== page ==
Following a tradition demands that you be consistent and maintain it, so like I have for many years, I couldn’t miss attending the annual Indianapolis Men’s Chorus holiday concert. The problem was that I was not available to see any of its regular performances on December 14 and 15, so I reached out to IMC to see if I could review Thursday’s dress rehearsal of “Making Spirits Bright” at Marian University Theatre. Luckily, I was granted permission. Of course, tweaks were made, technical issues were addressed, and Greg Sanders’ banter (who makes it look effortless) was incomplete. Also missing was organist and former Indy resident Mark Herman, who hadn’t yet arrived in town. Otherwise, I essentially saw the same superb performances that audiences will enjoy during the concert’s run this weekend.
I will share my observations about the quality of the singing and program later, but let me start by emphasizing that the show’s production values are as professional and top-notch as any I have seen on any stage in Central Indiana. Matthew Cunningham’s lighting design is simply exquisite and Quinten James’ sound design is first-rate. Adding to the concert’s slickness and glamour are the costumes, props and set elements and decorations, all orchestrated masterfully by executive producer Ethan Butt.
The mastermind of all this excellence is Greg Sanders, now in his seventh year as artistic director of IMC. Also the vocal director for the Indianapolis Symphony Orchestra, he has transformed the IMC from an average group of avocational singers into one of polished entertainers. It is obvious that Sanders has taken a page from ISO’s “IPL Yuletide Celebration,” (which I reviewed and rhapsodized about) of which he is a member of the creative team.
The concert’s first half is fast-paced, glitzy, exhilarating and campy fun, showing off the talents and skills of IMC members, especially those in IMCSwing, who demonstrated their seasoned musical theatre experience. Not just a chorus of singers who stand in one place with books in hand, the IMC showcases the men in this subgroup—all highly skilled dancers with tons of personality and musicality. They include Frank Ebels, Andrew Gault, Victor Gichina, Alex Milligan, John David Patrick, Dawson Raymond, Joshua Richardson, Marty Wood and Jared Yoder.
Opening the concert was a segment entitled “A Swingin’ Little Christmas,” which featured Drew Kemp and IMCSwing. It was among my favorite numbers, as well as “Parade of the Wooden Soldiers,” also performed by IMCSwing, and executed with impeccable precision. Another was an instrumental interlude featuring a trio playing a medley of rock tunes, entitled “Nutrocker,” with keyboardist Matt Richardson turning in a powerful and commanding performance. Also playing was Conner Green on bass and percussionist Cameron Bailey. Next was “Somewhere Hovering over Indiana” from “A Christmas Story: The Musical” featuring Victor Gichina, Drew Kempin, Dawson Raymond, Jared Yoder and the IMC. Closing Act 1 with a proverbial bang was the rollicking “Santa’s Rock ‘n Roll Finale,” with lead vocals supplied by the sensational long-haired Alex Milligan, joined by IMCSwing and the IMC.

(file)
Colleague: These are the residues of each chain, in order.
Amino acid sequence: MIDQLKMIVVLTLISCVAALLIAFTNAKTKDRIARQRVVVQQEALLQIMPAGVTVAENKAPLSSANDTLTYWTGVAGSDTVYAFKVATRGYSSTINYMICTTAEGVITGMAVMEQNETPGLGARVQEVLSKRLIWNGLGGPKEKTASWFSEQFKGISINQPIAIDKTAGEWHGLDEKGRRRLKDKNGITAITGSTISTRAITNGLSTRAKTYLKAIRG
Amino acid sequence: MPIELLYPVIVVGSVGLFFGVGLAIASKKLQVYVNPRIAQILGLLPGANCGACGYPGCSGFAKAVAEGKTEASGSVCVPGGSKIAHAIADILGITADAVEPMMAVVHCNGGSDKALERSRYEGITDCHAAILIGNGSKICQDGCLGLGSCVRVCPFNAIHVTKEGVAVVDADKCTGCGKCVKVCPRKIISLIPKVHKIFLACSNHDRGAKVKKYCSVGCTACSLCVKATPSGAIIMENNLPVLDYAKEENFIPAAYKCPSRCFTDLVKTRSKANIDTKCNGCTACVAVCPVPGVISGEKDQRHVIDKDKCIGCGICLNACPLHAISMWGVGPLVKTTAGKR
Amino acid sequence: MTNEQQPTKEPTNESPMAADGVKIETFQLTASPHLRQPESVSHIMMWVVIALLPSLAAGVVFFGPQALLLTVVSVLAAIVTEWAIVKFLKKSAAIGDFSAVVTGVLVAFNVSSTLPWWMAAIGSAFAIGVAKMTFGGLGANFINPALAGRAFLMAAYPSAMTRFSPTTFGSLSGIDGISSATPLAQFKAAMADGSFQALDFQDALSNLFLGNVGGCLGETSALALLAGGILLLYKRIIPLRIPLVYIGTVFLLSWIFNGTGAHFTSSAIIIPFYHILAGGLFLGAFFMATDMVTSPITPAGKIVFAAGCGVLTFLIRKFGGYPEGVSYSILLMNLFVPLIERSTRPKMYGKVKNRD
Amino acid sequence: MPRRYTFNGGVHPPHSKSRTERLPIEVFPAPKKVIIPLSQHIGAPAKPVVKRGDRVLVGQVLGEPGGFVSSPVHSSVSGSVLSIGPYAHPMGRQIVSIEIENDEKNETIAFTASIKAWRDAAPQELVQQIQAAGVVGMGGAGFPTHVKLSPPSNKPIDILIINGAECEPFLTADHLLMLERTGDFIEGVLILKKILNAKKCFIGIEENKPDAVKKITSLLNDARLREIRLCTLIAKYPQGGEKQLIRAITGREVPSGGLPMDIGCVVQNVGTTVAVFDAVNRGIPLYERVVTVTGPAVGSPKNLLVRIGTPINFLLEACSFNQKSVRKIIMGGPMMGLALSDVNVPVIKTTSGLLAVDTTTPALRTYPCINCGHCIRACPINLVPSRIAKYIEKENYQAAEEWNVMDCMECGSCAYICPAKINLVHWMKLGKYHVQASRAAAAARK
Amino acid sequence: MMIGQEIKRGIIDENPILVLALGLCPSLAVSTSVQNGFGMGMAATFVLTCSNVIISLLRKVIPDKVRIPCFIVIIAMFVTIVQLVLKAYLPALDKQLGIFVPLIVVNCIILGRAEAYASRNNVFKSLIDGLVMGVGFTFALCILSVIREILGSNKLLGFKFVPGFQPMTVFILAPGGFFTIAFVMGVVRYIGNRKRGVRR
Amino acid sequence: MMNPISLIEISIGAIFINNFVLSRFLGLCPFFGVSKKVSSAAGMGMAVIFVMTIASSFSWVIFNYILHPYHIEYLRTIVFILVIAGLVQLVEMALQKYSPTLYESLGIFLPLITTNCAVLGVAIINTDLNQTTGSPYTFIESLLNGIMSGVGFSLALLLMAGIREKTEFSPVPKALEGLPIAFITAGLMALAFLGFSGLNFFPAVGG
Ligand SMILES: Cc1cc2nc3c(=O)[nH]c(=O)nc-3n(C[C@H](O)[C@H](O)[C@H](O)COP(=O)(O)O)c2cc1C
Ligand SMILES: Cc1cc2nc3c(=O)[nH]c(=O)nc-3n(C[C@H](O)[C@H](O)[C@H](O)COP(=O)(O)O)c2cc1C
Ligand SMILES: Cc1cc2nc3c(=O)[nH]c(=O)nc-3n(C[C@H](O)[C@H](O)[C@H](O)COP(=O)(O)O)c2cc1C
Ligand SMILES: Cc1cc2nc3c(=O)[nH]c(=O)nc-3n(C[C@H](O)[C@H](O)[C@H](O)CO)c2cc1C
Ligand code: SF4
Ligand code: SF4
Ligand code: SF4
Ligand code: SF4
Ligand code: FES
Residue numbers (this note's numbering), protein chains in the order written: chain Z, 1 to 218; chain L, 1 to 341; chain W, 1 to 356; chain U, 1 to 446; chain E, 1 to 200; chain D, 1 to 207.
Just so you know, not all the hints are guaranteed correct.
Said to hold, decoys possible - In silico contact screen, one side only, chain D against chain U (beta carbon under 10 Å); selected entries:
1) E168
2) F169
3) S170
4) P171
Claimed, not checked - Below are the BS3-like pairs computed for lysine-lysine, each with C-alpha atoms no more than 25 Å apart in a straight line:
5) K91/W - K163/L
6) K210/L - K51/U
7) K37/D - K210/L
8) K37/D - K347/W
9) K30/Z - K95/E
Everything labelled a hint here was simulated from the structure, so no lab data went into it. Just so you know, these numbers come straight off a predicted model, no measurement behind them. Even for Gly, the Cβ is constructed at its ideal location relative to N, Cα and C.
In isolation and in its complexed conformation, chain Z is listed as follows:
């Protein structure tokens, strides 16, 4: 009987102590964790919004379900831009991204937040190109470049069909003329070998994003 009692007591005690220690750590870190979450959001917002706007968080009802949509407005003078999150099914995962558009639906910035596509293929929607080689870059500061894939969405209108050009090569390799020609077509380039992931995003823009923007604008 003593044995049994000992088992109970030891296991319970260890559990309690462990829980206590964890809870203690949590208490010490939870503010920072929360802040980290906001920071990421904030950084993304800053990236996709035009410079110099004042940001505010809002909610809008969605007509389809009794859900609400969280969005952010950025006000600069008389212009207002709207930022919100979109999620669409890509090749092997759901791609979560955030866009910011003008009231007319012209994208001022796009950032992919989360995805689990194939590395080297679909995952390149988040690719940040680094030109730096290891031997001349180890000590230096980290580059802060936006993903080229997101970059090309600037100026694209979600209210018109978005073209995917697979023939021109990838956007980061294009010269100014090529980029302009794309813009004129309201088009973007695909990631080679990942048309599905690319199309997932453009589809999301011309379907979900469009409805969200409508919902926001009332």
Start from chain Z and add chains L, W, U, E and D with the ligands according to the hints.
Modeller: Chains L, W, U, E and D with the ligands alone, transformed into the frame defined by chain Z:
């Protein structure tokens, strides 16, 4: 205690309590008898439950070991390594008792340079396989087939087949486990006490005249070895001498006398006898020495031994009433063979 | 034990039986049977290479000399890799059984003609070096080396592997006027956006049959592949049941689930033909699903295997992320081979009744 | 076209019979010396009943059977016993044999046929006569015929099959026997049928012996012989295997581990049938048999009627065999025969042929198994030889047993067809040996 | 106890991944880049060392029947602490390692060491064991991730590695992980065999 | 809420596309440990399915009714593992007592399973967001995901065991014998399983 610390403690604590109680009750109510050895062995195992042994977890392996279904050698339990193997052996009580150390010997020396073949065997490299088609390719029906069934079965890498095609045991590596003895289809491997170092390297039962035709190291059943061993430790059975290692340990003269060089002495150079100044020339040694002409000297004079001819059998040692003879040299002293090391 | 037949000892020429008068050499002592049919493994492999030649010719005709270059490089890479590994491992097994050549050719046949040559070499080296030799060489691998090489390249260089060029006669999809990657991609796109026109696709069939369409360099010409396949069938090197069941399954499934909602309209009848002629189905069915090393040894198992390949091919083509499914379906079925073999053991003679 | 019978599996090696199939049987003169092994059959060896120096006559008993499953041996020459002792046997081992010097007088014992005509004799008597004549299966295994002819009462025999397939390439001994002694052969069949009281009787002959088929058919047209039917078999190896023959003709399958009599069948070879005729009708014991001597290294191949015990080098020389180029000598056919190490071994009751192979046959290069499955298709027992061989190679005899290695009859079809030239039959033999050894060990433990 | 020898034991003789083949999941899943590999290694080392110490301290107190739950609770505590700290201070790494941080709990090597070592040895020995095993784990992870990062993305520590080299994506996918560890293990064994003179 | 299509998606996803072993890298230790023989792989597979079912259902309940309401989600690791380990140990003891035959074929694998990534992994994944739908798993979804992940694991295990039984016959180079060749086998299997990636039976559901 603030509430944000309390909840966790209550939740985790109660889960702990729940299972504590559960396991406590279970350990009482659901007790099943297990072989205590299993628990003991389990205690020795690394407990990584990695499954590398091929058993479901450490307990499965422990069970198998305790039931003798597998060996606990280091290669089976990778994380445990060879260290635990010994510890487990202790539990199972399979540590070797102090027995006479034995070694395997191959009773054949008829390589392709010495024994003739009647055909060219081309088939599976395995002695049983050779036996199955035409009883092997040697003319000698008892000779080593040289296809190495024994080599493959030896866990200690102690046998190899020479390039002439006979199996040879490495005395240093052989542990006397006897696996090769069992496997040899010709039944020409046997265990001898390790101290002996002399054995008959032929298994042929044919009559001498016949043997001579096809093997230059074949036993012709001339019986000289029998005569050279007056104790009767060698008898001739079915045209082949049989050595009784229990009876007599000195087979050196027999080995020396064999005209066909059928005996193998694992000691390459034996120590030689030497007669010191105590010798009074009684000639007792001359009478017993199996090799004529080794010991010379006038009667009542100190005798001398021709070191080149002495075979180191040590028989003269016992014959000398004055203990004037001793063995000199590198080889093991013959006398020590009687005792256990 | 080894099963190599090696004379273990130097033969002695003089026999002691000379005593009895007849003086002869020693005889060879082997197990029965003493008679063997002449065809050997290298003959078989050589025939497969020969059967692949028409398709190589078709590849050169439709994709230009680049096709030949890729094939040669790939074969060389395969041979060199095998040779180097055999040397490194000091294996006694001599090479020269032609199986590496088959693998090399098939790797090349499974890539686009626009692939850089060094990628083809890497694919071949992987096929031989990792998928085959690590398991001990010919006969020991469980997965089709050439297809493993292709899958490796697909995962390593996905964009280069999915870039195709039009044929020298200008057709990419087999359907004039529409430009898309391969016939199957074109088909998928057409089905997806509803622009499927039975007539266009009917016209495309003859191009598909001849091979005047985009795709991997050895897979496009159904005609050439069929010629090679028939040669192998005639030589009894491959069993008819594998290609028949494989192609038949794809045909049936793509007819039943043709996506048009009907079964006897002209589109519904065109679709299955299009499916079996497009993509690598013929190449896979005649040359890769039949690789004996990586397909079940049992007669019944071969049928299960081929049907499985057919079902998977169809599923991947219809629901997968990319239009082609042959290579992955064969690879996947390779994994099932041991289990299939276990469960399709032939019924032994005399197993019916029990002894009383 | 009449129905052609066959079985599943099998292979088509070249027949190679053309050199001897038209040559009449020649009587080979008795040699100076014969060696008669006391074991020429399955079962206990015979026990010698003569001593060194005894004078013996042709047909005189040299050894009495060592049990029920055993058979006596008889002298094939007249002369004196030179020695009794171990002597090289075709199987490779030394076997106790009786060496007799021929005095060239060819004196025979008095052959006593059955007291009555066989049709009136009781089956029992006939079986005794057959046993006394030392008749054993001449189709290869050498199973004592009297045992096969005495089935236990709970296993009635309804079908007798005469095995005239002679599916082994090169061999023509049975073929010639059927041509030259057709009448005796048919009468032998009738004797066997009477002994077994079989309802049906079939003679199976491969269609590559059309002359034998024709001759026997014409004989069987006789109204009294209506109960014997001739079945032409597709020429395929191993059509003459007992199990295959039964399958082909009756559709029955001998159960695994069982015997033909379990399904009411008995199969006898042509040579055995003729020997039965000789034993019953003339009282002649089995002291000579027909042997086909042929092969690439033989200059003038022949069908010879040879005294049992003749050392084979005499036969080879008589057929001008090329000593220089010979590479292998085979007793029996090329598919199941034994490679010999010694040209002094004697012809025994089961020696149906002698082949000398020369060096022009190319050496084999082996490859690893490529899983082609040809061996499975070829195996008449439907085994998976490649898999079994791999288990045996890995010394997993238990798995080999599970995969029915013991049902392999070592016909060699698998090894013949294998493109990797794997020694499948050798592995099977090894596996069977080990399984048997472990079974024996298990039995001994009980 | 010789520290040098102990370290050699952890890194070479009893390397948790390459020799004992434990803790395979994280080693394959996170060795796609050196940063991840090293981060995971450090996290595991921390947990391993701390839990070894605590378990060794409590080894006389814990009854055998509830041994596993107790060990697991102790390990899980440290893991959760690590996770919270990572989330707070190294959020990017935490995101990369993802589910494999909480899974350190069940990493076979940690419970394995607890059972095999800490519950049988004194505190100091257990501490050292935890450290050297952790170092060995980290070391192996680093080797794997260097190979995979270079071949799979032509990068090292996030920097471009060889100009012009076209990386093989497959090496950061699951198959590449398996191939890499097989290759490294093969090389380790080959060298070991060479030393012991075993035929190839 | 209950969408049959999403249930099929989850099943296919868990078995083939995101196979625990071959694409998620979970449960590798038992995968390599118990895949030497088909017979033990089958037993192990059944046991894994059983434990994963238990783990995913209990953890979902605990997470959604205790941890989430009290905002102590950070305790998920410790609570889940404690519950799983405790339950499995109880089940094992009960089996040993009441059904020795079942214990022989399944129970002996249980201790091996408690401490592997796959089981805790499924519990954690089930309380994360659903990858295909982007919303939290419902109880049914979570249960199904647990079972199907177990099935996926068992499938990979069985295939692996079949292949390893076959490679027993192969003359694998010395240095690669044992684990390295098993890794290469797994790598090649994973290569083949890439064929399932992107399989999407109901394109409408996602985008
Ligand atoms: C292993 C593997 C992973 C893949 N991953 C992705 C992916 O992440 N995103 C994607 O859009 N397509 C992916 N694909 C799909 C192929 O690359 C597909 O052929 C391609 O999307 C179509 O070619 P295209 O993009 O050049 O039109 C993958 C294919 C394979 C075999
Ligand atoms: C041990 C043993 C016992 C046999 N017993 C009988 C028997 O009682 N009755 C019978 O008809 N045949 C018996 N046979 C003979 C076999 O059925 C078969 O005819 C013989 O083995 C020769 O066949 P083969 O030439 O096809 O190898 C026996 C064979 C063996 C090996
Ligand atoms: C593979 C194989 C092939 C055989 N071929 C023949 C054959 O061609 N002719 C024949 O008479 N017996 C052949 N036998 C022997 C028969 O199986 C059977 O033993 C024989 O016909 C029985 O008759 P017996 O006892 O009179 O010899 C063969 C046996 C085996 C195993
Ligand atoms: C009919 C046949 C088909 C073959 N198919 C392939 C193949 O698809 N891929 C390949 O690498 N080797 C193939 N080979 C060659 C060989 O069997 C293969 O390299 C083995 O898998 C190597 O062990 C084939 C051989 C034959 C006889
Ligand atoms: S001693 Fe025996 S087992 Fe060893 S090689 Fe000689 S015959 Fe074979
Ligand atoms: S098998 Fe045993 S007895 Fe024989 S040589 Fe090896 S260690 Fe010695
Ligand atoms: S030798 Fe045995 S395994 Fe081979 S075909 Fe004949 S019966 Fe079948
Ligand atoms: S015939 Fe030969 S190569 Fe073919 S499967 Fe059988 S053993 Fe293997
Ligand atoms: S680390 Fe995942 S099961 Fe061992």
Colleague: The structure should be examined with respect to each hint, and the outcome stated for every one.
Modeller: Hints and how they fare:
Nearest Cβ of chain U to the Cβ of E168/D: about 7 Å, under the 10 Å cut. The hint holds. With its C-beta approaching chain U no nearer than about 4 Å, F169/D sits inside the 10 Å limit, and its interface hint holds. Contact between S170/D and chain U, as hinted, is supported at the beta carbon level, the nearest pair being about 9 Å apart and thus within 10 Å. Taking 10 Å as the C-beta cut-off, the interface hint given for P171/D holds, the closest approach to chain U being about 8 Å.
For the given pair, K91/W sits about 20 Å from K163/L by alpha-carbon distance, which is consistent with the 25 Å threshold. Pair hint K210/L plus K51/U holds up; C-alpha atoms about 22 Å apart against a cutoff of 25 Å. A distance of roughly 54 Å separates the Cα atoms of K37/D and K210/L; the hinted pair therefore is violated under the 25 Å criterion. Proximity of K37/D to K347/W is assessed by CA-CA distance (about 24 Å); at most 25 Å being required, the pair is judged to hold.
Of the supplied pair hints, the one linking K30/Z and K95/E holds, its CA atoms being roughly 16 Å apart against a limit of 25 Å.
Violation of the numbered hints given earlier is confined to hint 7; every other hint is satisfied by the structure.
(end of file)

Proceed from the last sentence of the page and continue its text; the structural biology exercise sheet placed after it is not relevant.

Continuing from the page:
The second half of the concert, which consists of mainly traditional carols, a format unique to this particular holiday concert and which has been in place for at least the last several years, was fairly solemn in contrast to the lively first act. I imagine this programming is by design in order to illustrate the IMC’s serious, artistic side. Songs performed included gorgeous, beautifully blended and harmonized renditions of such carols as “Sing Noel,” “Christmas Glory,” “O Holy Night” and “Silent Night.” The issue for me was that the pace of the entire concert slowed and inevitably lost a bit of steam and became somewhat anti-climactic, resulting from the string of the mostly sacred tunes performed in succession. After awhile they all sounded the same. My preference would be that the serious songs be intermingled with those that are upbeat, thus providing more variety, making things less predictable and improving the flow.
Nevertheless, the concert’s programming did not negatively affect my overall enjoyment of what has become the IMC’s crowning achievement. For purposes of transparency, it’s important to share that I was a member of the IMC for six of its earliest years, so there is no bigger fan or advocate of its purposeful mission. Because of that love and appreciation for their outstanding artistic product and what they stand for as an LGTBQ institution that seeks to unify us all, I highly recommend you see ”Making Spirits Bright.” Give yourself the gift of music and celebrate the holidays with your family and friends. There is no question that you will be both inspired and entertained.